On December 10, 2020, the Environmental Protection Agency (“EPA”) published a draft guidance in the Federal Register clarifying how the agency would interpret the Supreme Court of the United States’ decision in Cty. of Maui v. Hawaii Wildlife Fund, 140 S. Ct. 1462 (2020). The case, which was decided on April 23, 2020 concerned whether discharges of pollutants which traveled through groundwater to enter a water of the United States fell under the jurisdiction of the Clean Water Act (“CWA”). The Court concluded that such discharges would fall under CWA jurisdiction, but only when the discharge served as the “functional equivalent” of a direct discharge. The draft guidance document issued by EPA is aimed at clarifying when a discharge into groundwater might be considered the functional equivalent of a direct discharge and therefore fall under CWA jurisdiction.
The CWA is the federal statute regulating the addition of pollutants into waters of the United States. One of the main tools employed by the CWA to regulate pollution is its permitting program. It is a violation of the CWA to make “any addition of any pollutant to navigable waters from any point source” unless the person doing so has a valid National Pollution Discharge Elimination System (“NPDES”) permit. Traditionally, only those discharges where the pollutant left the point source and directly entered a navigable water have required a NPDES permit. However, some have argued that the CWA should be interpreted to include the “conduit theory.” Supporters of the conduit theory argue that the NPDES permitting program should be expanded to cover discharges of pollutants into groundwater – which is not protected under the CWA – where the groundwater serves as a conduit to carry the pollutant to a navigable water.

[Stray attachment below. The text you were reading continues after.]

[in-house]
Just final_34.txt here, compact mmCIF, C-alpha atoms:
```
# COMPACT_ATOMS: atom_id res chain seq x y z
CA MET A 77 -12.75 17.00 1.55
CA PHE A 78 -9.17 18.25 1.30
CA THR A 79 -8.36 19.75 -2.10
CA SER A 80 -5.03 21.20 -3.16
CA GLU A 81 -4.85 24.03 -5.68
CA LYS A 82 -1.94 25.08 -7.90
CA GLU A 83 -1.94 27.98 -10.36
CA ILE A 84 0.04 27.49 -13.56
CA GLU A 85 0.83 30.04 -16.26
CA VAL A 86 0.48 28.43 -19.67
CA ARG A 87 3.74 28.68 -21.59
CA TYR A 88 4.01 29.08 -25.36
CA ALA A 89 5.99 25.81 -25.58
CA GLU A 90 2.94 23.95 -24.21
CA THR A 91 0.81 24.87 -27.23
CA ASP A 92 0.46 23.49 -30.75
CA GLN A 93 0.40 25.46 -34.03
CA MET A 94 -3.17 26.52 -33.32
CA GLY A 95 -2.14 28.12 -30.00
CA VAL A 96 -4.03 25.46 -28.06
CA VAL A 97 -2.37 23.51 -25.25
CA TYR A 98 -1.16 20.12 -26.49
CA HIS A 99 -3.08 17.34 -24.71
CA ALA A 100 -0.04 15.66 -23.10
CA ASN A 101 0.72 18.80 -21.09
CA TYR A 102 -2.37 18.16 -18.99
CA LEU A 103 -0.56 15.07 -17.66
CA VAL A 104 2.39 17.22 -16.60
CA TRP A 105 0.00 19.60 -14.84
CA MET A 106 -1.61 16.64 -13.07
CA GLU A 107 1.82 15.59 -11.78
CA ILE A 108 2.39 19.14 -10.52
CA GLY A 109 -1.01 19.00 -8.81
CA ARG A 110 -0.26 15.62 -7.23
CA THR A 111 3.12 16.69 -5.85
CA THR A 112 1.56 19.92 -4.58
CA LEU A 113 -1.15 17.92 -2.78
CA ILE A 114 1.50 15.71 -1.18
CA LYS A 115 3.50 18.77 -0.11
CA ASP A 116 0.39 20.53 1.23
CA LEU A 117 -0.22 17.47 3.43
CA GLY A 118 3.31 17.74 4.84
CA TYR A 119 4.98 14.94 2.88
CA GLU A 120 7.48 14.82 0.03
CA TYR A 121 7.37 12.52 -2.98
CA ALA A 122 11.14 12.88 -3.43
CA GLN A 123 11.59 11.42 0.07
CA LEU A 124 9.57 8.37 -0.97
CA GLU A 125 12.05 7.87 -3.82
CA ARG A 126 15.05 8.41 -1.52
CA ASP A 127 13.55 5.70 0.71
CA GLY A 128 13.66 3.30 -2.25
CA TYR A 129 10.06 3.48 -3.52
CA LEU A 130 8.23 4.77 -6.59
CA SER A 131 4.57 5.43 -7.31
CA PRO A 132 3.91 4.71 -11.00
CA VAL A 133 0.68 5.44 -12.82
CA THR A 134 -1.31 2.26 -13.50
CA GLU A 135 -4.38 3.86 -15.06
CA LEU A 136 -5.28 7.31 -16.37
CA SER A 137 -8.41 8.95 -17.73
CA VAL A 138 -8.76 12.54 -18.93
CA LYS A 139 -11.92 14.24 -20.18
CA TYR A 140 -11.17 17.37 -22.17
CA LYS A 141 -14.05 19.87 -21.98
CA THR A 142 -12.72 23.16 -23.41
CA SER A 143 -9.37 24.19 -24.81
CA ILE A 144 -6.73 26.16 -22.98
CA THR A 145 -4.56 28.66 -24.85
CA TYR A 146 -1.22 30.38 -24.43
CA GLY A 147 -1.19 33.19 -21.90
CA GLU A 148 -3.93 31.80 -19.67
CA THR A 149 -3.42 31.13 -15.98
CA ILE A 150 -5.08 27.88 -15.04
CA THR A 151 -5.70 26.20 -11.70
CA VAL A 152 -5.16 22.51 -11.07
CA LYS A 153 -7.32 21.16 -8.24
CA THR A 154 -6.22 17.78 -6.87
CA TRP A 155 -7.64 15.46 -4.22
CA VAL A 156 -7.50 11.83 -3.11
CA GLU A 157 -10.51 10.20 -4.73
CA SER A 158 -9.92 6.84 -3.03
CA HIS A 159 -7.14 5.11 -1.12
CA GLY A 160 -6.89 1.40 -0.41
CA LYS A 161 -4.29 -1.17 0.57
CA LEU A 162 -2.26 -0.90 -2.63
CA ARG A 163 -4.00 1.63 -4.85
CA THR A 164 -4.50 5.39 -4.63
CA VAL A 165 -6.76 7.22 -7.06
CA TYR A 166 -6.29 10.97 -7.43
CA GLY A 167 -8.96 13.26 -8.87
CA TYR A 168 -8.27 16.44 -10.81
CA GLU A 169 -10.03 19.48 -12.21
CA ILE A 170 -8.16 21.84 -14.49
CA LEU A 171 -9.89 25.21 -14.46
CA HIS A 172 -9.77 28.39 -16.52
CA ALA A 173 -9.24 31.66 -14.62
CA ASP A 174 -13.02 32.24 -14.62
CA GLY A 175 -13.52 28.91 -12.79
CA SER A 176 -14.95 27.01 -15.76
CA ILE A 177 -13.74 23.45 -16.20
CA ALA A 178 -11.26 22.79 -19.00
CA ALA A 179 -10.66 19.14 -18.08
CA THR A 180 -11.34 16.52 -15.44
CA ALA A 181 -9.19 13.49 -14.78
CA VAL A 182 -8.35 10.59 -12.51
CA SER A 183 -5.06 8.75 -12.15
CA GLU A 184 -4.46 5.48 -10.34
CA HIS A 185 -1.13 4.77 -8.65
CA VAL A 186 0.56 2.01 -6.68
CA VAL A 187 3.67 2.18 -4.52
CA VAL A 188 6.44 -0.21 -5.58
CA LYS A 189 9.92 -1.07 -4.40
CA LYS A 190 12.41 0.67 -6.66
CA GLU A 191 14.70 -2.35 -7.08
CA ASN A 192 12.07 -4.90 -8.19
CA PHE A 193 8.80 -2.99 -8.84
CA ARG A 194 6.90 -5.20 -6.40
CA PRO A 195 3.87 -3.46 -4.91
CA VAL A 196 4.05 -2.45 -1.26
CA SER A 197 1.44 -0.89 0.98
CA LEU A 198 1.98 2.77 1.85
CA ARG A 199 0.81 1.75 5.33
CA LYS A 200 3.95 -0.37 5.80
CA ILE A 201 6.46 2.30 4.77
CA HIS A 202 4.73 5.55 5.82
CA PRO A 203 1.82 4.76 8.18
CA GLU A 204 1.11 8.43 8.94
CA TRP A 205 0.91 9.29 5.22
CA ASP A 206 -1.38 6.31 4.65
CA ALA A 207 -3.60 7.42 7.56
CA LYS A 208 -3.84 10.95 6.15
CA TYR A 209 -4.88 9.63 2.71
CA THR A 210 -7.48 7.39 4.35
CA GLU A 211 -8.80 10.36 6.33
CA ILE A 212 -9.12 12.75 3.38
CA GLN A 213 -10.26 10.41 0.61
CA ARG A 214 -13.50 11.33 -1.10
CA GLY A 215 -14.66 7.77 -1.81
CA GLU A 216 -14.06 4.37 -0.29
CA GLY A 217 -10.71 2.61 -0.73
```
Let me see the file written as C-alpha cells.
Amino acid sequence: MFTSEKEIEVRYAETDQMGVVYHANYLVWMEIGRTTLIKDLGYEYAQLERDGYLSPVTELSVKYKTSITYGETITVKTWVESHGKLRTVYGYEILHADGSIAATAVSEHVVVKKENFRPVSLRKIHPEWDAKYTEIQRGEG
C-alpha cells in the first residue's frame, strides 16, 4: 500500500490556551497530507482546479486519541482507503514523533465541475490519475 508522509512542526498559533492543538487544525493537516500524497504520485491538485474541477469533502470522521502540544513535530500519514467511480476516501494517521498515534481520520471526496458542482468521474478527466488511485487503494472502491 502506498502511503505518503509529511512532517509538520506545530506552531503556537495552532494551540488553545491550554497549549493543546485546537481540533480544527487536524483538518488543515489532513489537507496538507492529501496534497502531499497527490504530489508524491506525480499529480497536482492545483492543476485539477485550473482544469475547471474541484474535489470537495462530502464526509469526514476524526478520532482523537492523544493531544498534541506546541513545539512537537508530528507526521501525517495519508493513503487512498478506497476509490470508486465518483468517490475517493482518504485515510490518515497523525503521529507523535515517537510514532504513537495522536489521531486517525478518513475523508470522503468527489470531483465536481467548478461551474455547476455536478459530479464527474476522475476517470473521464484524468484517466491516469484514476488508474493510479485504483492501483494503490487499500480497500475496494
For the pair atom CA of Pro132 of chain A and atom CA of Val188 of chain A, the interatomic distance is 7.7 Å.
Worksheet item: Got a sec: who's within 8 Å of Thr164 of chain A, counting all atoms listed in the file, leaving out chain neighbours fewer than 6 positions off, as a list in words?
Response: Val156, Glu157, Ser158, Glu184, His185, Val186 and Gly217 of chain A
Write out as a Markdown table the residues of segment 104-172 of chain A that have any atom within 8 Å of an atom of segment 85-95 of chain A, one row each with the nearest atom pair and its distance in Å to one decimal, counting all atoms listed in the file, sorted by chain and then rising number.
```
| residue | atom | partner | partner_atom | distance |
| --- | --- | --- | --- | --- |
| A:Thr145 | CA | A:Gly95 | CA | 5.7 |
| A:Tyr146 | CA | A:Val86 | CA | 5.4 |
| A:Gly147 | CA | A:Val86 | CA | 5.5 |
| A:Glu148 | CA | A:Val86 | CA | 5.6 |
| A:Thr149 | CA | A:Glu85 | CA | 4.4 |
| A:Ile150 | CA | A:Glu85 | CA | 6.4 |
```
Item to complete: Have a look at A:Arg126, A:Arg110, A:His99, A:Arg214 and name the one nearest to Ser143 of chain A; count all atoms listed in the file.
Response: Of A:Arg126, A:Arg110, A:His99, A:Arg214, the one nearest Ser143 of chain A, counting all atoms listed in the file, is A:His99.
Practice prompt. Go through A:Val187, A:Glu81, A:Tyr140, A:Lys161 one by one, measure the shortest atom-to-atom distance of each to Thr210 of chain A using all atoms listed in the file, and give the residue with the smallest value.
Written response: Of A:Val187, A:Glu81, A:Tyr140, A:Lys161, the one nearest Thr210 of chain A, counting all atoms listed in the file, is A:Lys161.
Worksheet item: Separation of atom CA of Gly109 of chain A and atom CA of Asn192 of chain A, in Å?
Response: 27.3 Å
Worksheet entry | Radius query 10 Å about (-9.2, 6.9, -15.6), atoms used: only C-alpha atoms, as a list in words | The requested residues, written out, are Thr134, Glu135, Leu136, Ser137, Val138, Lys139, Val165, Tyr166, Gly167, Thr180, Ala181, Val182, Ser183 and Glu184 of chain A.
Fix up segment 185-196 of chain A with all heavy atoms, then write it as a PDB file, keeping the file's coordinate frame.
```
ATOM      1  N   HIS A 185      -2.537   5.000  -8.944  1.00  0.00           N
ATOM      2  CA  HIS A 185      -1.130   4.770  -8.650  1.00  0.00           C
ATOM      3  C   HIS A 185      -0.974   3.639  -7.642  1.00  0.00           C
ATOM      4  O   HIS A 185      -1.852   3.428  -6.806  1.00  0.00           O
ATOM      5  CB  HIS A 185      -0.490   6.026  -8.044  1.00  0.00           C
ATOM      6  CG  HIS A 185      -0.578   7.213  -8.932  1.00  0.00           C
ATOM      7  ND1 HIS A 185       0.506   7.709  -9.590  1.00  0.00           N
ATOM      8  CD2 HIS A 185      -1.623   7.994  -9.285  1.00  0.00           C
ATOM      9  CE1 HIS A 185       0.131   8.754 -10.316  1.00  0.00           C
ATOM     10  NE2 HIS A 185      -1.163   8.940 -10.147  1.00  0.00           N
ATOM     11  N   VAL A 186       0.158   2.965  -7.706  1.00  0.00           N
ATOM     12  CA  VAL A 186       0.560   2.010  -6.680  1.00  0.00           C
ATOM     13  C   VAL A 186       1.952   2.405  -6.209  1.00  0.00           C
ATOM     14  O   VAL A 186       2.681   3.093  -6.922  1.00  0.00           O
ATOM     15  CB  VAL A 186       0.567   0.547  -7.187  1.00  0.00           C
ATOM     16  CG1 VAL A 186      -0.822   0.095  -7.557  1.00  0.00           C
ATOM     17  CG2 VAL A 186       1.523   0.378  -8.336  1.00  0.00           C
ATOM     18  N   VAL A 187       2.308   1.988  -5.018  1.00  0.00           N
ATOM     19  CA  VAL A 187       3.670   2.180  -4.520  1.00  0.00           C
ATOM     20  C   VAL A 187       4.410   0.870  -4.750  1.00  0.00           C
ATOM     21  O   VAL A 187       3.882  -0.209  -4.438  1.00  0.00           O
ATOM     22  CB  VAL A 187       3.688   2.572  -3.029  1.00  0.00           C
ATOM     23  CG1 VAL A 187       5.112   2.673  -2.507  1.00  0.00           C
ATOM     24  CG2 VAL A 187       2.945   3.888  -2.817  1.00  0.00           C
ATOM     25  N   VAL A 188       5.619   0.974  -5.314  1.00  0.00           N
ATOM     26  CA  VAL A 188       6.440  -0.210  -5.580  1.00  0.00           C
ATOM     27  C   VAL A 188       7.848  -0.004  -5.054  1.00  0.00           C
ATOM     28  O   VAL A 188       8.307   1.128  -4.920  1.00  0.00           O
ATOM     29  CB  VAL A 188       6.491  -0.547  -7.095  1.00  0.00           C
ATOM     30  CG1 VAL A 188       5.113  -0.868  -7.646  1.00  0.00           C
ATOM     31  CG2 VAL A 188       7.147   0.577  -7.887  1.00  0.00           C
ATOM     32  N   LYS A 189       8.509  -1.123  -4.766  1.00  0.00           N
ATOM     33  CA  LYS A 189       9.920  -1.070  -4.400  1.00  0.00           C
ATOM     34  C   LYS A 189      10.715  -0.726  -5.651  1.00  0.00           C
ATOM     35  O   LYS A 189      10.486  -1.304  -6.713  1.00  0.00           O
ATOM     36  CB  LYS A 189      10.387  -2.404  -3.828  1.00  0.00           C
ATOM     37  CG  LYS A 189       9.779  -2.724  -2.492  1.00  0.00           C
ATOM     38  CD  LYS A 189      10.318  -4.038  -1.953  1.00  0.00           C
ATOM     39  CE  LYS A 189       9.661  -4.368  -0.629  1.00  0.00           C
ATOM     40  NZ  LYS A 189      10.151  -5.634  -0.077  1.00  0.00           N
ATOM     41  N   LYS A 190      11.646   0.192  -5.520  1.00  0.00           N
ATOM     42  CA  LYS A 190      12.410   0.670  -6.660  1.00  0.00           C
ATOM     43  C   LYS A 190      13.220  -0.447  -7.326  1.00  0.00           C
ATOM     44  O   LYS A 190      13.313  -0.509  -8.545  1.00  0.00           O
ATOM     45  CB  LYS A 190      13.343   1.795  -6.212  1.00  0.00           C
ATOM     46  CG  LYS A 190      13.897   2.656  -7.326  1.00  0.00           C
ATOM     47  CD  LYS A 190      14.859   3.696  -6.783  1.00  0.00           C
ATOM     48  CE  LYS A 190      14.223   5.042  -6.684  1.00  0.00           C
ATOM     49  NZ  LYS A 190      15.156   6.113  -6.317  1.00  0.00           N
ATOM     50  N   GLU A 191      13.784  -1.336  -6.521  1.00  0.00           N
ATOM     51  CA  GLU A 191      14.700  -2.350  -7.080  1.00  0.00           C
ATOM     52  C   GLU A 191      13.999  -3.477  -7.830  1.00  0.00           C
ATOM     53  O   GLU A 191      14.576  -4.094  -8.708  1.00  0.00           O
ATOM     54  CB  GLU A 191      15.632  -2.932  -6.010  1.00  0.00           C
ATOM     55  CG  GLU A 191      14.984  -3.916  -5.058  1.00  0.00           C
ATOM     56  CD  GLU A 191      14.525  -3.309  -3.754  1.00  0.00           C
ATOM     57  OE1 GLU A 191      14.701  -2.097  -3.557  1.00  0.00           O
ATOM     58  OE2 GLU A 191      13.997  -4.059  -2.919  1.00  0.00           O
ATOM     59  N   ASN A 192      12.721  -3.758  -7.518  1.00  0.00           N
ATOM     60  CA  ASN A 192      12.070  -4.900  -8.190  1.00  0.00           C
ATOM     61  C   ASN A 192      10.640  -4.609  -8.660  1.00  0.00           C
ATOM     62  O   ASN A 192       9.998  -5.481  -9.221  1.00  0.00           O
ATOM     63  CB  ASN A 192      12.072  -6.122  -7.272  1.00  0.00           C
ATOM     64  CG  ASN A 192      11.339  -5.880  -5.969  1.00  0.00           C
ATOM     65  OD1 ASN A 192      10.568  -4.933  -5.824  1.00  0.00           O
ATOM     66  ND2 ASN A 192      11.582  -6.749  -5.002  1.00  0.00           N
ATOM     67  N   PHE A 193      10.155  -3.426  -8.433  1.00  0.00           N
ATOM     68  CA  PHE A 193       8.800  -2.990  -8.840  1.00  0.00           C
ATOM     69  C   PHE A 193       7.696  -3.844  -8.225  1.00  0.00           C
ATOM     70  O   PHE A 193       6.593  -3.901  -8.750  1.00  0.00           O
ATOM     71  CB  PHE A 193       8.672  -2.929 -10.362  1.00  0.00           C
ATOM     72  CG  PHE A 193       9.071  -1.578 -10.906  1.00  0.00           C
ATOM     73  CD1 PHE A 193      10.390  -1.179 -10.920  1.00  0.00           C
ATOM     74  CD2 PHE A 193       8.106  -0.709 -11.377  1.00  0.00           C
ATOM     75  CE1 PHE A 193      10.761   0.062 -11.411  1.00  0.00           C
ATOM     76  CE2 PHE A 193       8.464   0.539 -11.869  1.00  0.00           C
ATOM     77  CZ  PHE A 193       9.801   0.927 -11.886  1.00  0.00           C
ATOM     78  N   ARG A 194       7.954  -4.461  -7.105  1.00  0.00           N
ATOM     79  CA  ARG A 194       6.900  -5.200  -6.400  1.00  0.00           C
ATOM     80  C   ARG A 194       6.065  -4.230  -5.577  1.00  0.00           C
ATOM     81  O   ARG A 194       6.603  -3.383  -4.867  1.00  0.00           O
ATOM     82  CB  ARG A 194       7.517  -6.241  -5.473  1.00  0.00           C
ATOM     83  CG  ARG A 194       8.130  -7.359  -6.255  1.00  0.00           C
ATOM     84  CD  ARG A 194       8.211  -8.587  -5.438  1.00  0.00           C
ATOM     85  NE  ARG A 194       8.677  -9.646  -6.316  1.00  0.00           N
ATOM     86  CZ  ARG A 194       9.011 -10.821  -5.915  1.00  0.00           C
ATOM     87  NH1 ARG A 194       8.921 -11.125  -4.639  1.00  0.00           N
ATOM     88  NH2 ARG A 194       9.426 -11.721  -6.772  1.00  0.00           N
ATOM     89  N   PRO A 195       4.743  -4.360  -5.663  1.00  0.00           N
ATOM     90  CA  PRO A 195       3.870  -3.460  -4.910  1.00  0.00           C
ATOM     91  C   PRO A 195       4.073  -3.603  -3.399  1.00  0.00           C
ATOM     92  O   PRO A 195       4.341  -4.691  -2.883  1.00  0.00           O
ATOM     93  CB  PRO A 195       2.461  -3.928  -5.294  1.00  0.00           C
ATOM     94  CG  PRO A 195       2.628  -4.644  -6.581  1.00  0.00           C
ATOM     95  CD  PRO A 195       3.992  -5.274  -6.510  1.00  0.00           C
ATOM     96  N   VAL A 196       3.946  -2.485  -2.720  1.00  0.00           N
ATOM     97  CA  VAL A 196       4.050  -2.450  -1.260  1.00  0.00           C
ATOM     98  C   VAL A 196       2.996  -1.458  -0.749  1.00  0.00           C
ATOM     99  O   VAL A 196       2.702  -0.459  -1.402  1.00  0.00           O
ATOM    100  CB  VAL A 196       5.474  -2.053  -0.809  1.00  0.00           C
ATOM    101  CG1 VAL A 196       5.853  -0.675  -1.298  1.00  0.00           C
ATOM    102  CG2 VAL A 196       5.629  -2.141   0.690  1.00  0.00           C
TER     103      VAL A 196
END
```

The Cty. of Maui case was originally filed in 2012 against the County of Maui over discharges of pollutants made from a wastewater facility operated by the county. Pollutants at the wastewater facility were discharged from wells into groundwater through which the pollutants traveled to reach the Pacific Ocean. The discharges were made without a NPDES permit because groundwater is not protected under the CWA. However, the Hawaii Wildlife Fund argued that the CWA should apply where discharged pollutants traveled through groundwater to reach a navigable water. The United States Supreme Court ultimately sided with the Hawaii Wildlife Fund, concluding that when a discharge into groundwater is the “functional equivalent” of a direct discharge, a NPDES permit would be required. For more information on the decision, see here.